The Business Case for Coaching
The higher up the organizational ladder an executive goes, the
less he/she can depend on technical skils and the more one must
have effective interpersonal skills and emotional intelligence.
Organizations spend large sums of money to hire coaches for top
executives in an effort to improve these abilities. Are coaching
programs effective in improving bottomline performance in organizations?
Research by the Center for Creative Leadership has found that
the primary causes of derailment in executives involve deficits
in emotional competence. The three primary ones are:
1. Difficulty in handling change
2. Inability to work well in a team
3. Poor interpersonal relations
A study of 130 executives found that how well people handledtheir
own emotions determined how much people around them preferred to
deal with them (Walter V. Clarke Associates, 1997).
Effective coaching works with executives and others to develop
their proficiency in working with change. It helps them identify
when teamwork is important and to use their skills to foster it.
Coaching builds skills and capacities for effective working relationships.
Coaching paves the way for decision makers to create higher levels
of organizational effectiveness through dialogue, inquiry and positive
interactions. Coaching creates awareness, purpose, competence and
well-being among participants. Coaching is NOT another feel-good
exercise based in soft skills that has no correlation to the bottom
In an article in the Harvard Business Review (Jan-Feb 1998) entitled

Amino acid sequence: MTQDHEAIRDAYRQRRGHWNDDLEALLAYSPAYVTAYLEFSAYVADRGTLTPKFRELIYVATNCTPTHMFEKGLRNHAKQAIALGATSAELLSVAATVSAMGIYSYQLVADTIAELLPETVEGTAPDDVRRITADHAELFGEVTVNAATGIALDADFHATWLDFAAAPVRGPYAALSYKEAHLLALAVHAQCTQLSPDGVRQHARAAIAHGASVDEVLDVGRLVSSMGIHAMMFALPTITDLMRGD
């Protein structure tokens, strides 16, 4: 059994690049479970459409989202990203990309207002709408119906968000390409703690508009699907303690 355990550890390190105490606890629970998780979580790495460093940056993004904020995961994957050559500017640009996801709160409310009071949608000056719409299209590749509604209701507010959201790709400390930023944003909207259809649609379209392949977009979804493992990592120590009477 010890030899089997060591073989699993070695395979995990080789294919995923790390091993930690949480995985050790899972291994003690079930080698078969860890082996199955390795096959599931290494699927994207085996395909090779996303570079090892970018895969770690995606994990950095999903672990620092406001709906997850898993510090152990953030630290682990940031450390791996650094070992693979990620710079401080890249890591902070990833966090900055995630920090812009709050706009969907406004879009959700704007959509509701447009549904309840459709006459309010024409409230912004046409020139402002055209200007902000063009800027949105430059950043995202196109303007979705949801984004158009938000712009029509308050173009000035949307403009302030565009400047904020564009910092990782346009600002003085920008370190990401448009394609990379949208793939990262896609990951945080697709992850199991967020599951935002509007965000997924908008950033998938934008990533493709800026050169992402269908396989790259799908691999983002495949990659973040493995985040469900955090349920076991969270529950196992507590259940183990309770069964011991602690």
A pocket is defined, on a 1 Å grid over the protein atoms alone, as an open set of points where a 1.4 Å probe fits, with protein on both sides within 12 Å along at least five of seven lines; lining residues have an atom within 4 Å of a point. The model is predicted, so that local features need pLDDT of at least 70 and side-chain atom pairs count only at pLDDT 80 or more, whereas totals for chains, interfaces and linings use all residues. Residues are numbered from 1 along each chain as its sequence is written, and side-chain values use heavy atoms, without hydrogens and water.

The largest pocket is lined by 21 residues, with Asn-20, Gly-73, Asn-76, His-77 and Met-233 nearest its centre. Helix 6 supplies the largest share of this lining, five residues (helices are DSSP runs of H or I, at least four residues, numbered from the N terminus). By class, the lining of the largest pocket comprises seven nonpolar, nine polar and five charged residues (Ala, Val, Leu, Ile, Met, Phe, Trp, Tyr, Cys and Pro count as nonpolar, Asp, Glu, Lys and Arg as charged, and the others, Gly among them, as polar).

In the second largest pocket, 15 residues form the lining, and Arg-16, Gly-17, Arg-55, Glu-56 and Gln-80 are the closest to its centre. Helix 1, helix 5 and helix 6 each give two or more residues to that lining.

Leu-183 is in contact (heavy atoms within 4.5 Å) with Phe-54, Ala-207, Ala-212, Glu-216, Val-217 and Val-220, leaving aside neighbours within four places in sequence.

The Employee-Customer-Profit Chain at Sears, by Rucci, Kirn and
Quinn, a model was developed indicating that a 5 unit increase
in a measure of employee attitude led to a 1.3 unit increase in
customers' positive impression, resulting in 0.5 percent increase
in revenue growth.
One study examined the effects of executive
coaching in a public sector municipal agency. Thirty-one
managers underwent a conventional managerial training program,
followed by 8 weeks of one-on-one executive coaching. Training– which included goal setting,
collaborative problem solving, practice, feedback, supervisory
involvement, evaluation of end-results, and a public presentation– increased
productivity by 22.4%. Training and coaching increased productivity
by 88%, a significantly greater gain compared to training alone.
(Public Personnel Management; Washington; Winter 1997; Gerald Olivero;
K Denise Bane; Richard E Kopelman)
Approximately 25 to 40 percent of Fortune 500 companies use executive
coaches, according to the Hay Group, an international human-resources
consultancy. According to a survey by Manchester, Inc., a Florida
career management firm, about six out of ten organizations currently
offer coaching or other developmental counseling to their managers
and executives. Another 20 percent of companies said they plan
to offer coaching within the next year.
Although it was once used as an intervention with troubled staff,
coaching is now part of the standard leadership development training
for executives in such companies as IBM, Motorola, J.P. Morgan
Chase, Hewlett-Packard and many others. Companies such as Merrill
Lynch, and sales-based organizations such as insurance firms use
coaches to bolster performance of people in high-pressure stressful
In some cases, the coaching is geared toward correcting management
behavior problems such as poor communication skills, failure to
develop subordinates, or indecisiveness. More often, however, it
is used to sharpen the leadership skills of high-potential individuals.
Coaching can ensure the success, or decrease the failure rate,
of newly promoted managers.